No, you probably don’t need to take philosophy of science to do lab work, but knowing how to balance a recipe of experts, intuition, observations and logic is the art of science. Something scientists often do… without thinking too much about it. But they probably should… its part of being rigourous rationalists.

Damn…. now I’m hungry.

14 thoughts on “If it’s not science, it’s crap

  1. Corwin

    …people who are experts in a field, should probably stick to their field of expertise, instead of pontificating…

    You’re no fun at all! Besides which, experts often have a perspective that is somewhat narrow and difficult to communicate to the laity. A wide freewheeling conversation both helps that process of communication and exposes the experts to outside viewpoints and arguments that will keep them on their toes and in all likelihood encourage them to pursue some interesting questions they wouldn’t have thought of themselves. But that kind of conversation can only exist if at least some people are willing to comment on topics on which they are not experts. I think Dawkins is a sharp, provocative, generally constructive public intellectual who should keep tweeting and damn the torpedoes.

    …its not really a way of knowing, it is actually at least 2 different ways of knowing, rational(based on logic) and empirical(based on evidence).

    That tidy separation strikes me as a little specious. A rational investigation of any topic related to observable reality has to examine empirical data sooner or later, and empirical data can only be fruitfully interpreted by making use of logic and reason.

    Regarding the broader demarcation problem, I’d say that reason is the magic ingredient underlying both science and philosophy. The former entails applying reason to questions that can be investigated empirically, and the latter entails applying reason to questions of a non-empirical variety. Science and philosophy are both rooted in a single worldview, one committed to the value of reason, and scepticism is the part of science and philosophy that involves testing, questioning and revising whatever ideas are placed on the table.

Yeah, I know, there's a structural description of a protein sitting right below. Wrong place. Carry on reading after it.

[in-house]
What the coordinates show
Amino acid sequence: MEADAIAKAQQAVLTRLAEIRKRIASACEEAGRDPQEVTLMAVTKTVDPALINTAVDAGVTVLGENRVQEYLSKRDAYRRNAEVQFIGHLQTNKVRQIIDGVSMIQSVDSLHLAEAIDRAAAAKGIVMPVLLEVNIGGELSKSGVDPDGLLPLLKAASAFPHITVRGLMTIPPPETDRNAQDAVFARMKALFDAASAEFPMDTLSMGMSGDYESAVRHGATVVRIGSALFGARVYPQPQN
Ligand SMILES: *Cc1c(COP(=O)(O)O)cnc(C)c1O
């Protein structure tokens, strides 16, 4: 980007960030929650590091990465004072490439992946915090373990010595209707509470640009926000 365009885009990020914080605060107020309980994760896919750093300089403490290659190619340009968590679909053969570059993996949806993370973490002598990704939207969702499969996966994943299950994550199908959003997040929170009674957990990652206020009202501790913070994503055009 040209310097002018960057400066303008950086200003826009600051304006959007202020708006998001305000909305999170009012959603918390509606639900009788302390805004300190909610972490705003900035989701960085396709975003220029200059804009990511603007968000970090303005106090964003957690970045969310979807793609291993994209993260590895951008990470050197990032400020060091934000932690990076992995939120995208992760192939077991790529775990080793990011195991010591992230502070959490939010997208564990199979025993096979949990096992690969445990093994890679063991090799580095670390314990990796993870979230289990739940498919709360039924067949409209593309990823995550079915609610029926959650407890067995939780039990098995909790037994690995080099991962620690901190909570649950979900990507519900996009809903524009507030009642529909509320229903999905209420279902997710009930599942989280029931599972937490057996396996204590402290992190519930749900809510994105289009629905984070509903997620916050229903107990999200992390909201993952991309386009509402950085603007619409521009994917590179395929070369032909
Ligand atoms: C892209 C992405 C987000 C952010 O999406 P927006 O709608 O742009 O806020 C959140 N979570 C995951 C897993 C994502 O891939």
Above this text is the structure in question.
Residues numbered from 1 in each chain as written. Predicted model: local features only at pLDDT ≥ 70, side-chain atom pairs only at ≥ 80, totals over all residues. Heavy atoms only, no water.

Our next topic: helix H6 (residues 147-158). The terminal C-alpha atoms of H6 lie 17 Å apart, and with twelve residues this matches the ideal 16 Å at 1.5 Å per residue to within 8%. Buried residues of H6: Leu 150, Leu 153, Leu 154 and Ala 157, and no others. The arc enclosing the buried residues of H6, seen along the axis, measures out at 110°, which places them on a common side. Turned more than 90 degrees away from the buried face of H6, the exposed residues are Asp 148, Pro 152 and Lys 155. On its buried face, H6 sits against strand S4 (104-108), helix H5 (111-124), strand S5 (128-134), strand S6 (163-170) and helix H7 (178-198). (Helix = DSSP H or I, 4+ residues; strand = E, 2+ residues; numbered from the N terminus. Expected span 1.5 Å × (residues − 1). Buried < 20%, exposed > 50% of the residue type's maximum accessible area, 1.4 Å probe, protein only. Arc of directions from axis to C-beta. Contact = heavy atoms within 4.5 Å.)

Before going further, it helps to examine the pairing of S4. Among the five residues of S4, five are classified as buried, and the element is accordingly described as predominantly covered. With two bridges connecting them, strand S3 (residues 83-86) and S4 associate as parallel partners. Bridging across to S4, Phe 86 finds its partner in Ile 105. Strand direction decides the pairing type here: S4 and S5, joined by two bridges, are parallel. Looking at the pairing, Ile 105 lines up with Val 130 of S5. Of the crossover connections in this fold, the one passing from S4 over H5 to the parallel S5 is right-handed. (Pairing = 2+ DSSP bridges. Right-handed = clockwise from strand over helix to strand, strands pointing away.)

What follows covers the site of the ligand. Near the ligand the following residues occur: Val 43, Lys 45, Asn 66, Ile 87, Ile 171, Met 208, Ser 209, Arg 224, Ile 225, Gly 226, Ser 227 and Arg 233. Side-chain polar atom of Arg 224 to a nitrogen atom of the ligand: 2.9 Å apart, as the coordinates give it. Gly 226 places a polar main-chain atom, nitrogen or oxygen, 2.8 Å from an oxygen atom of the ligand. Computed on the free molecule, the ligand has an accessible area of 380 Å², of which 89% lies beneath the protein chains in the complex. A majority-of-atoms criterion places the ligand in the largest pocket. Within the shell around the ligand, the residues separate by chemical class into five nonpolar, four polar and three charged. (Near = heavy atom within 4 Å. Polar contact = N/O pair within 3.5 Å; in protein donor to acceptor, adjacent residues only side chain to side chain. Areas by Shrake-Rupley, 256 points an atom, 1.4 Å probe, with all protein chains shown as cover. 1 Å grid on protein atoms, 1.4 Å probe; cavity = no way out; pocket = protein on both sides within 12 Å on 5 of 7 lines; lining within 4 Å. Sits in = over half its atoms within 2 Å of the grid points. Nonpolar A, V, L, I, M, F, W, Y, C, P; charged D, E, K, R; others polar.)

1. Joe Post author

      >A wide freewheeling conversation…

      Is not twitter.

      If you choose to fling your feces against a wall… That is your business, but if you insist to me it is then art… I’m just calling it shit.

      >separation strikes me as a little specious

      It is historical and based on the idea that logic and observation are different processes. You can certainly critique it for overlap but in the sciences the distinction between theory/theoretical and practical/observed is a very important one.

      The problem with your demarcation is that quite a lot of science, theoretical physics comes to mind, would have to be reclassified as philosophy. It of course depends on how narrow your definition of empirical is… And people do not agree..

  2. billybob

    It might be that aborting a damaged fetus is just an extension of evolution?

    Just because someone “thinks” they made the decision
    it could just be natural slection carried out by
    an obscure and complicated path. We are chemical soup.

    1. Joe Post author

      Even Dawkins has said evolution is a terrible basis for morality.

      1. billybob

        A terrible basis for what does not exist? Sounds to mystical for me.

        1. Joe Post author

          Dawkins often uses ethics and morality interchangeably.

          Like Harris he seems to believe in some sort of objective moral truth.

          1. Indi

            I don’t think Dawkins’s position on the matter is very well thought out (or at the very least, he didn’t express it very well on Twitter), but his mistake isn’t believing that morality is objective. Subjective morality is absurd.

            As for Harris, his position is just silly and illogical: he wants to base morality on empiricism (aka science) alone. Morality is objective, but it can’t be based on empirical observation alone because of the is-ought problem.

          2. Joe Post author

            > Subjective morality is absurd.

            Then it fits in well with human existence. Absurd or not, it seems the only sort that actually exists.

            > Morality is objective

            Sounds like supernatural nonsense to me. I have yet to see one and the secondary evidence is contradictory at best.

            All I see is different competing strategies for assigning value that we cling to in the face of a gloriously absurd existence.

  3. KC

    Yeah I definitely don’t agree with Dawkins on this one. Kids with down syndrome can live pretty meaningful lives so I don’t think that aborting them is a moral imperative. Trisomy 18 on the other hand…

    1. Joe Post author

      A common prejudice among the ‘smart’ people I know is that intelligence is a measure of worth.

  4. Bubba Kincaid

    And of course there is the notion that “advanced” societies seem to have progressed to a level today sufficient enough to make dealing with Downs syndrome not at all that much a hassle as it might have been in the past, which only further dates the retardation waterline of Dawkins’ idea.

  5. Bubba Kincaid

    Or maybe this is just Dawkins’ own quirky way of indicating to everybody that he is drifting into thinking about the efficiency of systems via a list into climate change issues.